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Part of a larger institutional response to student feedback, MIT’s Department of Electrical Engineering and Computer Science has been collecting data on its students’ workloads since last spring. And the results are starting to take effect behind the scenes.

Professor Rob Miller created a tool to show all main assignments and exams for major Course 6 classes. Instructors, after entering their class info, can check for week-to-week conflicts with other classes. After consulting the tool, Professor Shafi Goldwasser shifted a five-day takehome midterm in 6.046 to another week. Professor Daniel Jackson, who teaches 6.170 Software Studio, cancelled a pset for his class.

A few weeks ago, Goldwasser presented some of the visualizations that have come out of the data — among them, a week-by-week graphic of the average amount of time students are spending on courses, a visualization of the most work-heavy weeks, and a ranking of courses by how much they deviate from their advertised workload.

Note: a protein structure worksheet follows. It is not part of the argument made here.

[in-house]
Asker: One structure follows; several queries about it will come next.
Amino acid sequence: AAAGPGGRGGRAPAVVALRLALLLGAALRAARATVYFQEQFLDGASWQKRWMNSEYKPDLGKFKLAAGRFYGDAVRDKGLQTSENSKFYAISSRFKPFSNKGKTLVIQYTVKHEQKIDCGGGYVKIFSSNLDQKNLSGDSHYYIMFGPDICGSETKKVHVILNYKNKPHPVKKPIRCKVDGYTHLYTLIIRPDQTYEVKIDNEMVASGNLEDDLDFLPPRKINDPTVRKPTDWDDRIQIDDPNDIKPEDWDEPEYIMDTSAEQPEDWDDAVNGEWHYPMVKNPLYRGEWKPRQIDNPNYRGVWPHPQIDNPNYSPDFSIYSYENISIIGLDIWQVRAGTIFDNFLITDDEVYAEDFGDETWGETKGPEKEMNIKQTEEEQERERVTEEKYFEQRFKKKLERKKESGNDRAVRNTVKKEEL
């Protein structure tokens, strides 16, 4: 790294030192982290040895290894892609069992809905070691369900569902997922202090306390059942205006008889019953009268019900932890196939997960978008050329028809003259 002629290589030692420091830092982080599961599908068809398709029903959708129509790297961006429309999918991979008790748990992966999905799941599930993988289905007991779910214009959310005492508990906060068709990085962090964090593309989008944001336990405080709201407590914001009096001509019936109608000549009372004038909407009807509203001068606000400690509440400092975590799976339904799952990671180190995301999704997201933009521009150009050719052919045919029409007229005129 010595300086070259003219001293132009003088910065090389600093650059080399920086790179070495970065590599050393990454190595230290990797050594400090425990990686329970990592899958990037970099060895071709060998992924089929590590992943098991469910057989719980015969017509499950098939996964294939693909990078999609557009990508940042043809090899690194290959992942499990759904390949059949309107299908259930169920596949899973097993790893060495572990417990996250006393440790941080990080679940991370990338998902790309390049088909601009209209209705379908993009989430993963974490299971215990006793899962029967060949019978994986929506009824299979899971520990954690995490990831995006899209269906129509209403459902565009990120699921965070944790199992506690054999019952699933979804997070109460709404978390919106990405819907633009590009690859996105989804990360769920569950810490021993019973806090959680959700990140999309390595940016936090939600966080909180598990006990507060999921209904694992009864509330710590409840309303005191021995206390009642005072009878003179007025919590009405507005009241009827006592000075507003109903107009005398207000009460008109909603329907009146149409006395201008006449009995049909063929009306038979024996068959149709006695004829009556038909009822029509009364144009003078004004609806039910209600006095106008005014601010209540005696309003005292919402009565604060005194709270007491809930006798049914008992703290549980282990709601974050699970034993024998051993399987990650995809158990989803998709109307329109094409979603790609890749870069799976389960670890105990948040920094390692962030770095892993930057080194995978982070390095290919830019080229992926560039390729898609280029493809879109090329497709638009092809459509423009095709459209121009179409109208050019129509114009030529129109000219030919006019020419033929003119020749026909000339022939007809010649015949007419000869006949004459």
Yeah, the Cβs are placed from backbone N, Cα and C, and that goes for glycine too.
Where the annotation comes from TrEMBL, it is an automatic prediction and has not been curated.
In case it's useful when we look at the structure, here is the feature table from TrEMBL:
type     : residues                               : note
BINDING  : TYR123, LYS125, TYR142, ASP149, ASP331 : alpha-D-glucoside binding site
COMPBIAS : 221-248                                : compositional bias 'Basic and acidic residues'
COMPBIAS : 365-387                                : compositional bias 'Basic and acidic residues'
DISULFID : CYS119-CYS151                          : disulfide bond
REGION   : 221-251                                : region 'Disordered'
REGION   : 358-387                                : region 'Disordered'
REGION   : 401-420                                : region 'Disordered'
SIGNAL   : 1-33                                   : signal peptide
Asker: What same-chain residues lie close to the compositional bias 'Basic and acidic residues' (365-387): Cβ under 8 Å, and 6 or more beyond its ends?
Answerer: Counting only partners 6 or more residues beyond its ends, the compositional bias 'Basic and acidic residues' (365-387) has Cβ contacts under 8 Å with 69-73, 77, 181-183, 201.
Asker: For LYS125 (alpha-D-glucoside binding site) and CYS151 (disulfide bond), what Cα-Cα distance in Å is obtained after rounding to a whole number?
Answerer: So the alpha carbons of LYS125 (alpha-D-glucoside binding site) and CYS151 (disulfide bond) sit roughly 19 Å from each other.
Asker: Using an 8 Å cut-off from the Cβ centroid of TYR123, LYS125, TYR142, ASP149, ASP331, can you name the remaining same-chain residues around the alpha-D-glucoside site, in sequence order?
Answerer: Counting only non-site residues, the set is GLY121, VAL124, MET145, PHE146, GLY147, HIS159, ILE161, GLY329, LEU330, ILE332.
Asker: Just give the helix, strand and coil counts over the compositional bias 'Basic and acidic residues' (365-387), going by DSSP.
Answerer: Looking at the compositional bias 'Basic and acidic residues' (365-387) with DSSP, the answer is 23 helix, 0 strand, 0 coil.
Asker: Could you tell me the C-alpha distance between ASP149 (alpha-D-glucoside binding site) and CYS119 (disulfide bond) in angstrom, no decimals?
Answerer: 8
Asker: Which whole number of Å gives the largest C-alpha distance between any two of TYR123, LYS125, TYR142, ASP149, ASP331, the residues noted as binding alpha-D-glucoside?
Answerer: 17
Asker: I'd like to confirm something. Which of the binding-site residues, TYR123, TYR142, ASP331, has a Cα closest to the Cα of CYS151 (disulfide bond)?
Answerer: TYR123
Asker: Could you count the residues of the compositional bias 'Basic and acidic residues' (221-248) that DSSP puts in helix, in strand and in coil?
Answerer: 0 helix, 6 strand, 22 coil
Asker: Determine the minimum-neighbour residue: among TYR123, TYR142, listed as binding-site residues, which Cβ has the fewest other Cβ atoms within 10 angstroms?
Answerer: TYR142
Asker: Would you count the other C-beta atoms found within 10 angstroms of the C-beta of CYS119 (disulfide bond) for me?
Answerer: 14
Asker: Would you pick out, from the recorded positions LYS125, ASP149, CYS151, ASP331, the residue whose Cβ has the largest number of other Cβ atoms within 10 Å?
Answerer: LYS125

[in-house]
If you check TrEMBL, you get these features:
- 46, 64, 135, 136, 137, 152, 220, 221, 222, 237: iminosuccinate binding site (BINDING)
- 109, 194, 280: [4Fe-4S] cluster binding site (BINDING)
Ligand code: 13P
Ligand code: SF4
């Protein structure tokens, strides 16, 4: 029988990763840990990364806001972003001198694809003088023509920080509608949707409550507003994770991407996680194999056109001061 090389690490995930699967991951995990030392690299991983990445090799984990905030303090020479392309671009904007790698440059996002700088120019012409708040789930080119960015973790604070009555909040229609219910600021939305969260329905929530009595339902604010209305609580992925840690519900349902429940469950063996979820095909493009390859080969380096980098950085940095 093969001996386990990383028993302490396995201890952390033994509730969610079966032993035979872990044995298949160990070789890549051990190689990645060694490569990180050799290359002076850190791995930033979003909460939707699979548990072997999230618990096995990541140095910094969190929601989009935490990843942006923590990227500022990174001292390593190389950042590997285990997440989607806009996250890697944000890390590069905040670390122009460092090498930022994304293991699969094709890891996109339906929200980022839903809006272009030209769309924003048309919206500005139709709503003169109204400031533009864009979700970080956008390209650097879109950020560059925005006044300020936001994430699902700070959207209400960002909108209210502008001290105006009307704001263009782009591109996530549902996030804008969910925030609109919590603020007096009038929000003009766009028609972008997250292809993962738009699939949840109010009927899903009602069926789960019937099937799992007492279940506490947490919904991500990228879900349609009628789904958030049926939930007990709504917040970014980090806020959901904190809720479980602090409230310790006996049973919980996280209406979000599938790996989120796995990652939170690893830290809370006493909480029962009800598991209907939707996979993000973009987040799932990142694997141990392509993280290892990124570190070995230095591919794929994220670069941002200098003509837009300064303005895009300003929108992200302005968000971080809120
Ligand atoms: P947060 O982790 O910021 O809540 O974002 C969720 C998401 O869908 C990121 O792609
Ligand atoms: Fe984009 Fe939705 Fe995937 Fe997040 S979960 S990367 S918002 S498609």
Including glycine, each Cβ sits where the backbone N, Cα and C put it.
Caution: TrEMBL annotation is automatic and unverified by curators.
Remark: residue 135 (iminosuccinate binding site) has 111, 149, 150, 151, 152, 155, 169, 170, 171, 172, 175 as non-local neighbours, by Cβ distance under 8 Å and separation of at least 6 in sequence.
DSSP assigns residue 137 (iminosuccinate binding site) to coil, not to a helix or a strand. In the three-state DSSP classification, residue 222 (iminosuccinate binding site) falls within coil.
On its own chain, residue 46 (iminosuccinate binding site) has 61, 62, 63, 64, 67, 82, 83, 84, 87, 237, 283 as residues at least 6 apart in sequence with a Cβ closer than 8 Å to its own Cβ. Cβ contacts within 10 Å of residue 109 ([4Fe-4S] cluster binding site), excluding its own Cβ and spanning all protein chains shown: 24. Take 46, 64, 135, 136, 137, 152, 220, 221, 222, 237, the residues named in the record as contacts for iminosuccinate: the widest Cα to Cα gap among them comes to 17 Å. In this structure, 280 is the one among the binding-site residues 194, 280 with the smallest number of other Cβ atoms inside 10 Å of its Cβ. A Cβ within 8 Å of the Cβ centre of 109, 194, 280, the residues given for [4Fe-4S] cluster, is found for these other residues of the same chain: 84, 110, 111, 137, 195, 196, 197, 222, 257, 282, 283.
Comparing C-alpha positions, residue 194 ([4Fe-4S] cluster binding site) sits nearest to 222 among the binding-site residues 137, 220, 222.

The data come from weekly surveys that have been sent out to Course 6 students.

For each class, students are asked how many hours they’ve spent that week studying, psetting, working on projects, or taking exams. They’re also asked whether they think the work is too stressful, too excessive, unevenly distributed, or causing conflicts with other classes.

Sometimes, it takes a little bit of humor to get students to respond. Goldwasser, who signs each of the emails, once wrote, “All that is necessary for the triumph of evil is for good men and women to not fill out surveys.” Still, roughly 20 percent of students respond each week, according to Goldwasser.

Anantha Chandrakasan, the head of the EECS department, is hopeful about the potential of these changes. “Faculty are eager to support this initiative and committed to improving the student experience,” he said.

It’s likely that the ideas that Course 6 is testing will expand to more of the Institute, possibly resulting in interdepartmental coordination.